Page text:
As published in Scotsman Guide's Commercial Edition, August 2007.
Whenever an industry suffers a downturn, there is a tendency for many of its practitioners to jump ship and drift away.
True professionals, however, look for ways to ride out the storm and emerge even stronger. An excellent way to do this is to find supplemental-income opportunities.
Branching out will allow your business to grow in the present and the long term. Furthermore, given your familiarity with the nature of financial sales and the fact that you have a database of clients and prospects, expanding your financial product offerings is a smart choice.
One income opportunity lies in the area of equipment leasing and financing. There are several ways to get a slice of the multibillion-dollar leasing pie, but it is important to get professional education before you start. As with anything else, you have to know what you're doing to compete effectively.
Leasing has become the method of choice for many companies, especially smaller ones, to acquire new technology -- or to upgrade their present inventories of trucks, warehouse equipment, office equipment, furniture and the like. In fact, 80 percent of U.S. companies lease all or some of their equipment, according to the Equipment Leasing and Finance Association.
Ownership of rapidly depreciating assets, such as equipment, means little for business-owners. It makes more sense for them to lease, rather than own, equipment and put their cash to use in other ways -- perhaps into an appreciating asset such as real estate.
These are some other reasons companies lease equipment:
Alternative use of funds: Cash not tied up in depreciating equipment can be used to book a big order, to invest in research and development, to beef up marketing or for a number of other business purposes.
"100 percent plus" financing: Leases can cover items including software, installation, related leasehold improvements and training, not just the equipment itself.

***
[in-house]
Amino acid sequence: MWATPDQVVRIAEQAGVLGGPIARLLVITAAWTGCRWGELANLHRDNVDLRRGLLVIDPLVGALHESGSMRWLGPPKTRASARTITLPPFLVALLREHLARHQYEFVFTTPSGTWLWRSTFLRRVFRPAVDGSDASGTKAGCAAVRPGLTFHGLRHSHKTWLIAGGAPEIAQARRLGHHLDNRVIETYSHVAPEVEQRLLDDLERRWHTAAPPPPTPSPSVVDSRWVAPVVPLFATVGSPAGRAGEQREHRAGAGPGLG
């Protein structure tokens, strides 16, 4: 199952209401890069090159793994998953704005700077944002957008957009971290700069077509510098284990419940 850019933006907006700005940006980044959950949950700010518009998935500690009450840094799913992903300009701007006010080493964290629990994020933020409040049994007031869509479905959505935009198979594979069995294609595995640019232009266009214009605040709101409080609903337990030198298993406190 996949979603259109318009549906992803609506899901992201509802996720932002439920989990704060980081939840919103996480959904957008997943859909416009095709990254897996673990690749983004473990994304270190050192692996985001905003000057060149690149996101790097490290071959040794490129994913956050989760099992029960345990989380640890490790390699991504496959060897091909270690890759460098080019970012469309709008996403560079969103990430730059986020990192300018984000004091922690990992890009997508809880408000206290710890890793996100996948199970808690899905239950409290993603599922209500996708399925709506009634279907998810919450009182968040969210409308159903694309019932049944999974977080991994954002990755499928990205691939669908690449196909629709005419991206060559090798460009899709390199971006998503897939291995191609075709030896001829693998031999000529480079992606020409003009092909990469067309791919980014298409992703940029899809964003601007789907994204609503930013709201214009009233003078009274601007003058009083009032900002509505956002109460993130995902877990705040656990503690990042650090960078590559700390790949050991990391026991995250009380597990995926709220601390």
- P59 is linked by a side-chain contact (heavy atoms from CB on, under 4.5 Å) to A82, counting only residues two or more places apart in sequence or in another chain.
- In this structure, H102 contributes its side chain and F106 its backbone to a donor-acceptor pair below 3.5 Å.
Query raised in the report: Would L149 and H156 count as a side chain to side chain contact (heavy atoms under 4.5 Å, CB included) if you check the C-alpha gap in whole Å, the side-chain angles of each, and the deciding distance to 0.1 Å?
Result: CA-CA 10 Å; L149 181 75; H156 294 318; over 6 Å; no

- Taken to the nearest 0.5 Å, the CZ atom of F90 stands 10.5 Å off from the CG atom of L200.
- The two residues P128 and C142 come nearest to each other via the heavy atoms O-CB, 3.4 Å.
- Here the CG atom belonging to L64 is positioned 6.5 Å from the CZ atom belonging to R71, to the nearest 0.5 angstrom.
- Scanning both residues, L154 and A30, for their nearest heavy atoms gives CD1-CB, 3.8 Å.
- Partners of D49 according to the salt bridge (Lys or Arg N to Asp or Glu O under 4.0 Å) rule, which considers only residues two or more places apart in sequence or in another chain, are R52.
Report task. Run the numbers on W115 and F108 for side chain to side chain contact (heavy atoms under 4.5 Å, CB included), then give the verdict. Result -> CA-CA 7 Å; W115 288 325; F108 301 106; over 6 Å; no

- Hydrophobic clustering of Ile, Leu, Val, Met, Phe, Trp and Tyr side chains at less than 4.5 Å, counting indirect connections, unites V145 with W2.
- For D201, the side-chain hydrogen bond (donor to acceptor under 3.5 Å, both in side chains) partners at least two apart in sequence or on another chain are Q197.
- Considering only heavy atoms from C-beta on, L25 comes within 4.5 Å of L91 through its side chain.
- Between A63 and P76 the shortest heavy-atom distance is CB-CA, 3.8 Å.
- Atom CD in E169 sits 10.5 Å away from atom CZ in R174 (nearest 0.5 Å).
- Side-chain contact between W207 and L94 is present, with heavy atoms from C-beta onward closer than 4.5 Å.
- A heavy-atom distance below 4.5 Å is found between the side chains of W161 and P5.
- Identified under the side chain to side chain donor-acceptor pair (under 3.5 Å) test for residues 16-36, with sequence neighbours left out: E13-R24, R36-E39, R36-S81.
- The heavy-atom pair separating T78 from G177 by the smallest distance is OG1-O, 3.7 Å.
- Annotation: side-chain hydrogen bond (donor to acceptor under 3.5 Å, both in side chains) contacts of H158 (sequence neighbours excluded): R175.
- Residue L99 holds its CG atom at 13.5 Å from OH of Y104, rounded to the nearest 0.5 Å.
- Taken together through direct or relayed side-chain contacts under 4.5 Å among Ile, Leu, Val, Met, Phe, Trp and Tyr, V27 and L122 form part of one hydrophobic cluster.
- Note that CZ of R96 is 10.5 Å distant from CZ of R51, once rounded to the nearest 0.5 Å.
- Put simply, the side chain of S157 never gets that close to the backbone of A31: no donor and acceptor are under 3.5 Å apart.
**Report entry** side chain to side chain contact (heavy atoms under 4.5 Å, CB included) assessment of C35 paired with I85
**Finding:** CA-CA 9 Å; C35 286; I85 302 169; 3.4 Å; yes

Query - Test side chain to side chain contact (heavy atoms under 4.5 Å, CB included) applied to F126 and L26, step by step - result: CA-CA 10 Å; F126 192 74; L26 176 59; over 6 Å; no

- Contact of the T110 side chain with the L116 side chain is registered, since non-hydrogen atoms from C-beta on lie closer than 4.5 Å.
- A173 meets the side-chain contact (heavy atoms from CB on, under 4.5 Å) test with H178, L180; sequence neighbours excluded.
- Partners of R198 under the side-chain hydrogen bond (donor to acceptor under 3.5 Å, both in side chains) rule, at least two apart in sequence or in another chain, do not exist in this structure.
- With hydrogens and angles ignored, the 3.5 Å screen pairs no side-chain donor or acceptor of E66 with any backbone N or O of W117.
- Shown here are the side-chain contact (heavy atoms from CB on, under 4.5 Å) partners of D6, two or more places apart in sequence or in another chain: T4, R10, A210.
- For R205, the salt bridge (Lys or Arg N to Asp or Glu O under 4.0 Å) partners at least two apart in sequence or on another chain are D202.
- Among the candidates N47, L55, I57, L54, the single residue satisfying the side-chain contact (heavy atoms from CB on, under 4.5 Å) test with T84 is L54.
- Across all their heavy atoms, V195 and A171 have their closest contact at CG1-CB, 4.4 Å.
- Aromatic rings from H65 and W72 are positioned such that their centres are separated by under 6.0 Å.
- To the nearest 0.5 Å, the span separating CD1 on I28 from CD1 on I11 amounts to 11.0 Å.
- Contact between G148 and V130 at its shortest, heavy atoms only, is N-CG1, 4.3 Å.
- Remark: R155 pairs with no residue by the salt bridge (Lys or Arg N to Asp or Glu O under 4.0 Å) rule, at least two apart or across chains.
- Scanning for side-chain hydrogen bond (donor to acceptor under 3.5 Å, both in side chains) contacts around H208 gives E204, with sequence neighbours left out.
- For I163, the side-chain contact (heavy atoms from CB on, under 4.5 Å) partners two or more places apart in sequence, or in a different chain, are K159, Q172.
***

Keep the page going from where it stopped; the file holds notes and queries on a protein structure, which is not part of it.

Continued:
Direct tax expensing: Qualifying lease payments are expensed "as made," which means a faster write-off. The result is that even more cash is available for other purposes.
Variable payments: Lease payments can be matched to project revenues, seasonal cash-flow variations, budget limitations and other challenges.
Financial reporting advantages: Some leases qualify for off-balance-sheet accounting treatment. This improves financial ratios and protects against lending-covenant violations.
No bank restrictions: Leases usually don't include blanket liens, restrictive covenants, rate-escalator clauses or other restrictions.
A high percentage of commercial mortgage brokers' clients are good leasing candidates. Whenever business-owners move to new facilities, for example, they have numerous things to acquire.
Because leasing is less cyclical than real estate-related lending, it tends to provide a steady flow of revenue for brokers. Further, leasing can offer financial-reporting advantages, better terms than bank loans and flexible payment scheduling. It also finances soft costs along with the base equipment, protects against equipment obsolescence and preserves bank lines.
These potential benefits explain why 27 percent of the money that businesses spent on productive assets in 2006 went to equipment leasing, according to the Equipment Leasing and Finance Association. That's $229 billion. Lease broker profits also can run 200 percent to 300 percent of like-size mortgage returns.
Page: 1 2 Next